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Making room for aid workers’ own grief in the Türkiye-Syria quake response

‘Where is the boundary between our accountability to affected people and the duty of care GOAL and other aid agencies have to staff when humanitarian workers are themselves collectively affected?’

A graphic image showing out-stretched palms overlayed on an image of rubble from the Türkiye-Syria earthquakes in 2023. Sofía Kuan/TNH and Lisa Hastert/European Union

At GOAL, emergency preparedness has always been a pillar of our humanitarian programme. Understanding the volatility of the places we work, we know the unexpected will always happen but try to remain confident that come what may, we will be able to operate as needed.

Yet it was clear in the early morning of the 6th of February – after two extremely powerful, consecutive earthquakes shook the ground below southern Türkiye and northwest Syria – that no member of our management team, many of us with life-long careers in the humanitarian sector, was truly prepared to process the news that tens of our colleagues were trapped under the wreckage of their collapsed homes, or that hundreds more were left without shelter. No number of trainings or simulations could have prepared us.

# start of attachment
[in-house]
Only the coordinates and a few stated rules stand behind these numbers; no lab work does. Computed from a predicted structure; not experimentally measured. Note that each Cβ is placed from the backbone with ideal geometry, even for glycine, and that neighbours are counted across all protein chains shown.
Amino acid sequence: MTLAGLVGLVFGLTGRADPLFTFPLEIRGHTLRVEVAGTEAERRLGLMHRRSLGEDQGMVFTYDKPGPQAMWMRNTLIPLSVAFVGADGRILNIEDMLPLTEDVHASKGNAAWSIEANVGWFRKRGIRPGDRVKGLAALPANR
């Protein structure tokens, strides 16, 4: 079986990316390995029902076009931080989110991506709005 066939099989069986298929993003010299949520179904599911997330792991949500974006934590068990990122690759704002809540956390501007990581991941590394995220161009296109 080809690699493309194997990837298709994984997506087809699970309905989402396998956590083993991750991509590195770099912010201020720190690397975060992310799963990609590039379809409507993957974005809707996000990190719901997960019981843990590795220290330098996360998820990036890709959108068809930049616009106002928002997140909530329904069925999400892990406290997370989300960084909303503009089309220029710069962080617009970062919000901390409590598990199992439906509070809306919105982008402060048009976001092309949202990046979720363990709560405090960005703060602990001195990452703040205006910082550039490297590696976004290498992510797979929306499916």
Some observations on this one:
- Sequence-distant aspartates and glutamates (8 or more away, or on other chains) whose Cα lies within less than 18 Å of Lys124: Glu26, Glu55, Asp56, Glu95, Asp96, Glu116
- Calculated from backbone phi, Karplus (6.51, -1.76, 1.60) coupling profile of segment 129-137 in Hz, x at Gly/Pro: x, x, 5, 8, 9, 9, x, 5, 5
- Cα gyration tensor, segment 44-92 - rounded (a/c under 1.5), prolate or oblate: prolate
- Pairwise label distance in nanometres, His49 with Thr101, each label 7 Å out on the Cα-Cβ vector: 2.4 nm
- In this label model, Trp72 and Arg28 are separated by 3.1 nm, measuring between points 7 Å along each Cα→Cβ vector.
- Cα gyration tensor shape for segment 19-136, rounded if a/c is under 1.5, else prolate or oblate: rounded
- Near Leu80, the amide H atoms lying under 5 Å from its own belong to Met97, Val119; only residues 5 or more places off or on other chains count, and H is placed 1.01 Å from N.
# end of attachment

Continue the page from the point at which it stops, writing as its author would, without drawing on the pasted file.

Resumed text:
In a matter of moments, not only was Antakya, whose once-lively centre was home to GOAL’s Syria response office in Türkiye, where most of our Türkiye-based staff live and work, was flattened, but a large part of Idlib, in northwest Syria, where most of our field staff live and work, was also heavily damaged.

It would be an understatement to say that the earthquakes tore apart our hearts. Each day brought news of more staff losses in Idlib and Antakya. Our own mourning was postponed as we continued to search for missing colleagues and simultaneously respond to local residents.